“We’re not doing that now.”
“We’re not doing that now.”It’s not saying the child’s desires are wrong. No judgment about right or wrong is indicated. The word “should” is not used. There’s no shaming, blaming, scolding, or impatience. Implicitly, the activity the child wants can be engaged in at some other time. Just not now.
“We’re not doing that now.”Some other time.
A few years ago, it was the evening of the third day of a week-long Zen retreat. I had spent the day outwardly following the prescribed discipline which included 15 25-minute sits interspersed with shorter periods of walking meditation, or a meal, and, in the afternoon, a nap break. Inwardly, however, I was allowing myself to be carried away on a vivid and lurid fantasy. At the end of the day, I had a brief one-on-one interview with one of the teachers. I confessed that I had spent the day in mental fantasy. I was sure that he wasn’t going to counsel repression. The practice is about awareness and acceptance of all of ourselves, whatever we find when we look inside, whatever comes up. So if fantasy is what comes up, just be aware of that and follow it, right?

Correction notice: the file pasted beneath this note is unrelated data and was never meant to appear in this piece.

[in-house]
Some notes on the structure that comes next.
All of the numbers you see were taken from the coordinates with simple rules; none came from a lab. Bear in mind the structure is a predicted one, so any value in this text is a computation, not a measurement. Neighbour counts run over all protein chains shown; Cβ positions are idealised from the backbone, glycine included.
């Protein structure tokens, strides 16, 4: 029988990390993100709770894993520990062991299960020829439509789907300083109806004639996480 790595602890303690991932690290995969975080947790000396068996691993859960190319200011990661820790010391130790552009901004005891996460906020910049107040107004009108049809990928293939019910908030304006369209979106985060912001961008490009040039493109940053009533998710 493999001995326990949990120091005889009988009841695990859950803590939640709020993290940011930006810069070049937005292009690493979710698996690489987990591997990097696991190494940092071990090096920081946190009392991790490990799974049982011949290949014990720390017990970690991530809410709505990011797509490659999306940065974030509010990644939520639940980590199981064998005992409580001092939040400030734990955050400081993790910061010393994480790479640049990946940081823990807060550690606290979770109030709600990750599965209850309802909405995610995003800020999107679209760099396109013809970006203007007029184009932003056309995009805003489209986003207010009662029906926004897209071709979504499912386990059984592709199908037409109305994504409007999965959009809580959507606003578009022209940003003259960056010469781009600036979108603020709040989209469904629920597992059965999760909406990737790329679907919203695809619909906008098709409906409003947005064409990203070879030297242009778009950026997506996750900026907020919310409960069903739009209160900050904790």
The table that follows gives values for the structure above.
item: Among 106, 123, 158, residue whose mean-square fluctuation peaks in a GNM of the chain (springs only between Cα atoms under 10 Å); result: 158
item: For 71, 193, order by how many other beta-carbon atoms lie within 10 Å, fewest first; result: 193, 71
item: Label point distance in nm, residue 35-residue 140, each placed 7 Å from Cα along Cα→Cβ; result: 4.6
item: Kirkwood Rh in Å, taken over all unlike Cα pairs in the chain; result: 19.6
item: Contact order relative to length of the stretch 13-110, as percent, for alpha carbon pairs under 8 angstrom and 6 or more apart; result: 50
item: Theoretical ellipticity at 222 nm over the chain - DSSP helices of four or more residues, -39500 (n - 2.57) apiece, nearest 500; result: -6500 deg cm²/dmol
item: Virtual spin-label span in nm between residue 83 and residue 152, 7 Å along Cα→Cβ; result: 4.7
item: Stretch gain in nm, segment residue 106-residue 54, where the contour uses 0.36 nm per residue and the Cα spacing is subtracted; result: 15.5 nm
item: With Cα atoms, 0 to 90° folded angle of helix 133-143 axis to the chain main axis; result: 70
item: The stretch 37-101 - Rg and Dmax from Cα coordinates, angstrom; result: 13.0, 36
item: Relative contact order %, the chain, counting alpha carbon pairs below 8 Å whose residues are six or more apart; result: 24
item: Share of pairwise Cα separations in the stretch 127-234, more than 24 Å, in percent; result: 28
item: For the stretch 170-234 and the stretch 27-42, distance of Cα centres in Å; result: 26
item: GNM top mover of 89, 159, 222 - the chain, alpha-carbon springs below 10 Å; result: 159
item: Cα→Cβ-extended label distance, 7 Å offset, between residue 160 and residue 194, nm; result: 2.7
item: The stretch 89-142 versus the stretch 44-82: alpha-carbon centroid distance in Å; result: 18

Notice its beginning. Bring awareness to the emergence of fantasy. Often, in the glare of attention, it will simply fade. If it doesn’t, the teacher said, you tell yourself:
“We’re not doing that now.”Ah.
The inner child needs not merely to be gotten in touch with. Our inner child needs our inner parent. Every impulse comes from a legitimate and worthy place, and even if we might want to do some work on what we do with that impulse, repression and denial are not the best way to go. When I talked about the seven deadly sins – gluttony, sloth, envy, anger, greed, lust, and pride – I wanted to say that each one of those is a virtue as well as a vice, each one blesses us even if sometimes it also curses us. Each one comes from a legitimate and worthy place, and our task is to manage with greater skill and greater intentionality, to be neither owned by the impulse, overindulging it, nor repressing and denying that impulse. The history of attempts to expunge what we don’t like about ourselves is not a happy history.
The more rewarding spiritual work is befriending even the parts of ourselves we don’t like. Move from self-blame to self-acceptance. Yet self-acceptance doesn’t mean indulgence of that self’s every whim. The path of spiritual work is a path of self-acceptance, yet also increased intentionality. Who you are and who you want to be are brought into a dialog so that they can come closer together – each modifying the other. Who you want to be is changed by a deeper awareness of who you are.